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Staffing Is More Than a Number

Using Workflow to Determine an Appropriate Nurse Staffing Ratio in a Tertiary Care Neurocritical Care Unit

Hill, Michelle; DeWitt, Jessica

Journal of Neuroscience Nursing: October 2018 - Volume 50 - Issue 5 - p 268–272
doi: 10.1097/JNN.0000000000000387
Clinical Nursing Focus

ABSTRACT Objective: To enhance nursing staff retention and ensure a consistently high standard of care, a study was conducted to determine an appropriate nurse staffing model for a neurocritical care unit. In addition to being critically ill, these patients often require extensive diagnostic testing to determine treatment. Nurses traveling with patients leave higher nurse-patient ratios remaining on the unit. Methods: Prospective observation was used to assess relationships between neurologic assessment, documentation, and the amount of time spent traveling with patients. Patient acuity and nursing experience were also measured. Results: Over the 30-day study period, more than 226 hours were spent traveling, equivalent to approximately 38% of a single nurse’s shift. There was no correlation between the experience of nurses and the time necessary to perform a neurologic assessment. When controlling for acuity, a relationship was found between nursing experience and the time needed to chart an assessment. Conclusions: Significant time was spent every day off the floor, in addition to the documentation and performance of frequent assessments. These results advocate for a staffing position without a dedicated patient assignment but to assist with traveling and high-acuity patients so that safe and attentive care can be consistently given.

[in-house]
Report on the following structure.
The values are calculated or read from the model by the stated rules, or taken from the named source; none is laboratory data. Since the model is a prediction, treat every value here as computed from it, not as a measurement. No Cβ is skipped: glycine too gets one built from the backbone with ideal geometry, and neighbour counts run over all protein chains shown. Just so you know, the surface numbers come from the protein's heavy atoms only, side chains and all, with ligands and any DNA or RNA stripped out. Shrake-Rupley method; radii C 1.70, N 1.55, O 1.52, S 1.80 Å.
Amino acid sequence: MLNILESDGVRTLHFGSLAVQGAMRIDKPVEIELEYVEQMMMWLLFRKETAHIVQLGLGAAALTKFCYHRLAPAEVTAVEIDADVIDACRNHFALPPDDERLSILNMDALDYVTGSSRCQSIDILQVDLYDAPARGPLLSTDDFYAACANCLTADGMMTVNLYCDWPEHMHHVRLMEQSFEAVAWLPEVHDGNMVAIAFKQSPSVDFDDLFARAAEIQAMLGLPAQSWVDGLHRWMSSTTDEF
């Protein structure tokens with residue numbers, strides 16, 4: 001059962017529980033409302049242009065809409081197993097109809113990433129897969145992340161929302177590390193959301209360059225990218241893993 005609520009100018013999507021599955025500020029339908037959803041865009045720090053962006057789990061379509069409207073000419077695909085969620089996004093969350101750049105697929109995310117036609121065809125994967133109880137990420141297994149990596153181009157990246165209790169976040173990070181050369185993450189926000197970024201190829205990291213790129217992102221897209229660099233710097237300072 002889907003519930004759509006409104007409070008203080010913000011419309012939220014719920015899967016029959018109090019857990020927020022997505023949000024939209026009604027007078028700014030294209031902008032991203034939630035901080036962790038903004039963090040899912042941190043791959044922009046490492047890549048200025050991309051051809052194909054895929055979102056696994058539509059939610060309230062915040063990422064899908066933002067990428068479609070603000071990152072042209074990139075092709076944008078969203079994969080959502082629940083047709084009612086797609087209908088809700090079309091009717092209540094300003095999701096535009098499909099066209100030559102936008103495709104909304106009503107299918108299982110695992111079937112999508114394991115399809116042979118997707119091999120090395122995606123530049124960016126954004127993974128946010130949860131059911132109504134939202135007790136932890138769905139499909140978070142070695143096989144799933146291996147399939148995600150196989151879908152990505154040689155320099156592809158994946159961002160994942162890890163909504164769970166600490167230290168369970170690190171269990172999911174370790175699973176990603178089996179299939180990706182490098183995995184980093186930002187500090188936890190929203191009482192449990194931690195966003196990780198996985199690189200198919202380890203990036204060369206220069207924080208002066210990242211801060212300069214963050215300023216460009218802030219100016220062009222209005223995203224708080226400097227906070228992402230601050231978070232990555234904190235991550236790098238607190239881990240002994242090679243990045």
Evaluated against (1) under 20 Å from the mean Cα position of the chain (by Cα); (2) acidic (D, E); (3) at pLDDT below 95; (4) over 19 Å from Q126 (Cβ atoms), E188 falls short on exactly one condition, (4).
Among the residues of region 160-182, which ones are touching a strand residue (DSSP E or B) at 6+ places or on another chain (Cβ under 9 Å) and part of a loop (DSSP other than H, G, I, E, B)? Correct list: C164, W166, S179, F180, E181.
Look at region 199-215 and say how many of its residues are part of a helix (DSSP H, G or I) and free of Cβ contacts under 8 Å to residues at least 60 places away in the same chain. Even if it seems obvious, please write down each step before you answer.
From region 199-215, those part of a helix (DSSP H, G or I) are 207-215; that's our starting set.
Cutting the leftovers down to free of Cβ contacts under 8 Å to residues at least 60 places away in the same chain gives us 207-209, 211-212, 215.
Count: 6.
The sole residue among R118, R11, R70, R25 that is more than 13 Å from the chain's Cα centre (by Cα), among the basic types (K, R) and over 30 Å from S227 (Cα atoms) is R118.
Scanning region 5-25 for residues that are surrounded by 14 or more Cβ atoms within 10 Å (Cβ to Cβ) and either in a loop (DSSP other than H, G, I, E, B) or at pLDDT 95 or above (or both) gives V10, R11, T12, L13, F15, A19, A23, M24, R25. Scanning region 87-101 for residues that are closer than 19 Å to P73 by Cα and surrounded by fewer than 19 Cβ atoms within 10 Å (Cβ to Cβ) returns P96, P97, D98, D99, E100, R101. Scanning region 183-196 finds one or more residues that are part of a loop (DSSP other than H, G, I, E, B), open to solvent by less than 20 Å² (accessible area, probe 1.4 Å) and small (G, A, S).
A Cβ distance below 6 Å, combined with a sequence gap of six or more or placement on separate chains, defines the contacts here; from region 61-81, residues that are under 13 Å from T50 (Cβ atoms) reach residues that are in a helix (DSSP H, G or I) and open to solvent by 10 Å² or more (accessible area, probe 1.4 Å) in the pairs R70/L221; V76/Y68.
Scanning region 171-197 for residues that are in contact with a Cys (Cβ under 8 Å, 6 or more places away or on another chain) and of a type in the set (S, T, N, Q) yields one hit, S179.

Questions or comments about this article may be directed to Michelle Hill, MS RN AGCNS-BC CNRN CCRN SCRN, at michelle.hill@ohiohealth.com. She is Stroke Program Coordinator, Riverside Methodist Hospital, Columbus, OH.

Jessica DeWitt, BSN RN, is Neuroscience Outcomes Manager, Riverside Methodist Hospital, Columbus, OH.

The authors declare no conflicts of interests.

Supplemental digital content is available for this article. Direct URL citations appear in the printed text and are provided in the HTML and PDF versions of this article on the journal’s Web site (www.jnnonline.com).

© 2018 American Association of Neuroscience Nurses